Time and time again we see that people are uncomfortable with the ways companies are using third party data. The latest move representing the new wave is Google’s recent adoption of ITP.
Improving Customer Engagement in Heavy Industry Use Cases
Marketers working in machinery, chemicals and other heavy industries have long been behind the digital curve. For many companies, digital hasn’t become part of your repertoire as quickly because of the complex distribution channels and analogue ways of engaging with clients.
There’s a serious need for changing the way we deal with customer data. How you can use data and still maintain a good relationship with your customers, even among the distrust? We also take a look at who has failed at that, so you can learn what not to do. Take a listen.
This past year, the demand for personalization is at an all-time high.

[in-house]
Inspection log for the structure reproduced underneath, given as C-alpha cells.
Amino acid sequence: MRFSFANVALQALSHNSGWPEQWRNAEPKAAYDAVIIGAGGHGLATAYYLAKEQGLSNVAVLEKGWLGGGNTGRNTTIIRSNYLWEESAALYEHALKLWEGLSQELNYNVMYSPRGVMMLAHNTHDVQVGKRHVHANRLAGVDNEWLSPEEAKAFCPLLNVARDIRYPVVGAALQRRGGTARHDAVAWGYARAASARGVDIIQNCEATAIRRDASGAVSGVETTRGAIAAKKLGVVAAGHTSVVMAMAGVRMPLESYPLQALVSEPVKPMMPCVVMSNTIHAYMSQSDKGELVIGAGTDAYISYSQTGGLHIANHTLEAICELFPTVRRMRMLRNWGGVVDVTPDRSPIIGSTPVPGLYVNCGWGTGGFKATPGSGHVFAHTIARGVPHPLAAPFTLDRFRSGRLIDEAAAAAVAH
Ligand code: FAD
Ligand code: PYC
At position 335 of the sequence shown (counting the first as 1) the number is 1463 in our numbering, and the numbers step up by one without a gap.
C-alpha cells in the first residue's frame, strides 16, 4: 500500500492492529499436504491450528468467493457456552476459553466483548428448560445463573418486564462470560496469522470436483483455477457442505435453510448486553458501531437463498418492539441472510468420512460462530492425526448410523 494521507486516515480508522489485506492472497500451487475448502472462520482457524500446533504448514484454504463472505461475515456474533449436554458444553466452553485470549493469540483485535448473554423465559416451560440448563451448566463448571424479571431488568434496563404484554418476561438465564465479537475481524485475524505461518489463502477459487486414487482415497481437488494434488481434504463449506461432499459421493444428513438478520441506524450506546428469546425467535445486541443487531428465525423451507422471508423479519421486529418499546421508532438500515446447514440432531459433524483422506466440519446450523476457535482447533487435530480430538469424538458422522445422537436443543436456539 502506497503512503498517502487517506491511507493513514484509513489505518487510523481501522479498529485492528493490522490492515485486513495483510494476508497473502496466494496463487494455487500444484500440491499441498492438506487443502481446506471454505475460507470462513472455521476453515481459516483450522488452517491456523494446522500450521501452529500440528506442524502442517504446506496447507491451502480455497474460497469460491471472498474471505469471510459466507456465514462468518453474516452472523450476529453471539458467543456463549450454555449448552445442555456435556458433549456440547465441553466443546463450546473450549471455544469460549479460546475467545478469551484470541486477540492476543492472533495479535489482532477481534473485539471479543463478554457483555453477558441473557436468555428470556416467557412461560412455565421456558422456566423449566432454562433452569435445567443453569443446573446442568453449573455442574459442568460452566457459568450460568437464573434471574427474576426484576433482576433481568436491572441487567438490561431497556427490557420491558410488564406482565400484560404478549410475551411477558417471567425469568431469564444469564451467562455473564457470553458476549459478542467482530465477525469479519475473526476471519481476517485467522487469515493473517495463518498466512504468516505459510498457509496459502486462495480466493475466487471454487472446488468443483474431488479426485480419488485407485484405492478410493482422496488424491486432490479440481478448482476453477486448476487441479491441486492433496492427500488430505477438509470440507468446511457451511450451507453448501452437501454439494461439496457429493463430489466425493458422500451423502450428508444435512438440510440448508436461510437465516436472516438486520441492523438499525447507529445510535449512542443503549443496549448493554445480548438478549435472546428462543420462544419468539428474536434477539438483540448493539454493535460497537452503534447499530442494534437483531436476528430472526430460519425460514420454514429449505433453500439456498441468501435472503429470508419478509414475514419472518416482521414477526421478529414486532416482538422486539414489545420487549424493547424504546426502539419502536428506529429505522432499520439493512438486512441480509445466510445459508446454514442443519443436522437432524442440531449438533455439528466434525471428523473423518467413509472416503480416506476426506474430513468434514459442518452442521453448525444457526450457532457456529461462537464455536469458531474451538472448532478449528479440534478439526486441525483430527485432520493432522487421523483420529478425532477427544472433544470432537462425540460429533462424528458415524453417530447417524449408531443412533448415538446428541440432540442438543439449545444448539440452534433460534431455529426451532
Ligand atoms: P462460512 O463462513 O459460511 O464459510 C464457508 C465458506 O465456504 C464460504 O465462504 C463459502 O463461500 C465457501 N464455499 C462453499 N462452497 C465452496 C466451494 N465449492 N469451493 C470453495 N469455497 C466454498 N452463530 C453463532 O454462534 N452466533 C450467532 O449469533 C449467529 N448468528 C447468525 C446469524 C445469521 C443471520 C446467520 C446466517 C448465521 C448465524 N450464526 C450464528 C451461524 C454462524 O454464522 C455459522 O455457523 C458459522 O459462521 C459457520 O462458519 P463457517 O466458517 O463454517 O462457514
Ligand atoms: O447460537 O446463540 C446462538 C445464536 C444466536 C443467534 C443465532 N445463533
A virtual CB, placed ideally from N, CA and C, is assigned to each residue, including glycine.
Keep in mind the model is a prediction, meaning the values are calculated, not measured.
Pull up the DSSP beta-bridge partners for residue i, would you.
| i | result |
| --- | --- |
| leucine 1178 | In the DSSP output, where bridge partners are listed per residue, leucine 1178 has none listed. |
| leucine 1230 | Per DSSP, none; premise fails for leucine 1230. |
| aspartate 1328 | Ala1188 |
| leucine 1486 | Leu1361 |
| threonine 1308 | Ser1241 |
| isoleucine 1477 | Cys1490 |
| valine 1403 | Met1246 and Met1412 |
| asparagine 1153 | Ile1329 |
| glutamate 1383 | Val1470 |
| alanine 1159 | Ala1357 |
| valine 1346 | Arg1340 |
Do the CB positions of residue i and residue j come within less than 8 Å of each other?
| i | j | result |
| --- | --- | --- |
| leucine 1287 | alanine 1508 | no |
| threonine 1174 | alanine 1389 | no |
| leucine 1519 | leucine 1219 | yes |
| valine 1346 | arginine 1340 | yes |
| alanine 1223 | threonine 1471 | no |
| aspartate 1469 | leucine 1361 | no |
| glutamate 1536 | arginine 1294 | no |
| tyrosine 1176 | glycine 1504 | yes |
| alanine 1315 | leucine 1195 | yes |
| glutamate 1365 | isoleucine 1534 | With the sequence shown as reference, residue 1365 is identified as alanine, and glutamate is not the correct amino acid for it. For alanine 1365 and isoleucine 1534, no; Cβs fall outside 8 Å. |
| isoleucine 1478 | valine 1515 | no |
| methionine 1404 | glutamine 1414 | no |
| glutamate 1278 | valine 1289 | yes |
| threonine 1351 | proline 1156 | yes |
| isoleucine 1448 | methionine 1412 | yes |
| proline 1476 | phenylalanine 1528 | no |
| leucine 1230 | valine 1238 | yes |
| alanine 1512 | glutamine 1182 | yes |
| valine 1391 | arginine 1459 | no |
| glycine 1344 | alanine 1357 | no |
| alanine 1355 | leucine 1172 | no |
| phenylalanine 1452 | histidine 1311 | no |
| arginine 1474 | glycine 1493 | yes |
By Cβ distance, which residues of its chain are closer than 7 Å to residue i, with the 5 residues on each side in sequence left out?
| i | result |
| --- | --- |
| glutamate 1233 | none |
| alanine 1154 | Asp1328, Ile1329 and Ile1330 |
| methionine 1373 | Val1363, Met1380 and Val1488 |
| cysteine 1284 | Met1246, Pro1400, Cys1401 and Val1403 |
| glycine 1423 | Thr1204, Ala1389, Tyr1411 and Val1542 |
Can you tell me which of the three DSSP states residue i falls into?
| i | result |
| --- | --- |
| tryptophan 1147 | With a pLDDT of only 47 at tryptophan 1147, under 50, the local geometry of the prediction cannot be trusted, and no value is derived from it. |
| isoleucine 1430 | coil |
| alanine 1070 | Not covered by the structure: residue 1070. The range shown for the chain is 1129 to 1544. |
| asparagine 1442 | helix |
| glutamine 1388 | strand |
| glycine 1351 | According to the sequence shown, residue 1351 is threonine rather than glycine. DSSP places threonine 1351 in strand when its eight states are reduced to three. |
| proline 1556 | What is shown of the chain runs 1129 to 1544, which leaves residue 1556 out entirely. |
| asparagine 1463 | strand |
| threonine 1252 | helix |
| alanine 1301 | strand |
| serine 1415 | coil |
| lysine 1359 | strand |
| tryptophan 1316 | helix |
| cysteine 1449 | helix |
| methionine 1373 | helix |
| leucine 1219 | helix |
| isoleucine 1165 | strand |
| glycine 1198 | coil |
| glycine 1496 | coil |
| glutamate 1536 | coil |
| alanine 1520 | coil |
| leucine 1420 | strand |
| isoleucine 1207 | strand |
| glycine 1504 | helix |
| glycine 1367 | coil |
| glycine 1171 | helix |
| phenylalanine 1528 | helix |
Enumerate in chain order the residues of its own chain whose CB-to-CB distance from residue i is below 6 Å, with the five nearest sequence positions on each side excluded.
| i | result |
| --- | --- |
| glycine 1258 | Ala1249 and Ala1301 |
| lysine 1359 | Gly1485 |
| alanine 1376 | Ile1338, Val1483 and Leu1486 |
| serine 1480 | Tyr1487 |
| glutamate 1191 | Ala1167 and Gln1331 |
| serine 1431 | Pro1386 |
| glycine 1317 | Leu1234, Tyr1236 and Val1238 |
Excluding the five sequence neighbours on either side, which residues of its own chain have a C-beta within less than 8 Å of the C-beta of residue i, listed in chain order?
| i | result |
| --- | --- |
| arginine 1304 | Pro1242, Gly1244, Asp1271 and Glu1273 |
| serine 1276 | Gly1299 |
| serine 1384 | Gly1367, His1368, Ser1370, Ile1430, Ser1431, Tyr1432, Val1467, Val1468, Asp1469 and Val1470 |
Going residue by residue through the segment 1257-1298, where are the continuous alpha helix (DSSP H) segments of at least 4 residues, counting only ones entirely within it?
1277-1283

According to a Lytics white paper, two-thirds of customers want brands to adjust content based on their real-time context. Over 40% are annoyed if you don’t. And another two-thirds of those said they skip making a purchase out of annoyance.
That’s not just a problem for retail.
If you are like most marketers, you’ve probably been salivating over personalizing your website for years. It has always seemed like a good idea, but it’s never seemed possible.
In a recent study, 63% of CEOs agreed that AI will have more impact on their business than the internet. Think about that for a minute. The internet. And yet, 23% said they had no plans to do anything about it. Why? Partially, people tend to overestimate how much data they need to get to a reliable result for utilizing AI.
Is the dream of the visitor journey dying? How do we make journeys more functional without using data people don’t want us to have?
I don’t use Snapchat mostly because nobody I know uses it. I’m not the target demographic, apparently. But that doesn’t keep me from talking about how much I dislike the user experience. I know that when I register such complaints I probably sound like a codger who wants his buggy whip back. But even so, I never really “got” why someone would build a platform where content is ephemeral. Isn’t the whole point of social platforms to catalog our lives? Maybe I’m missing something.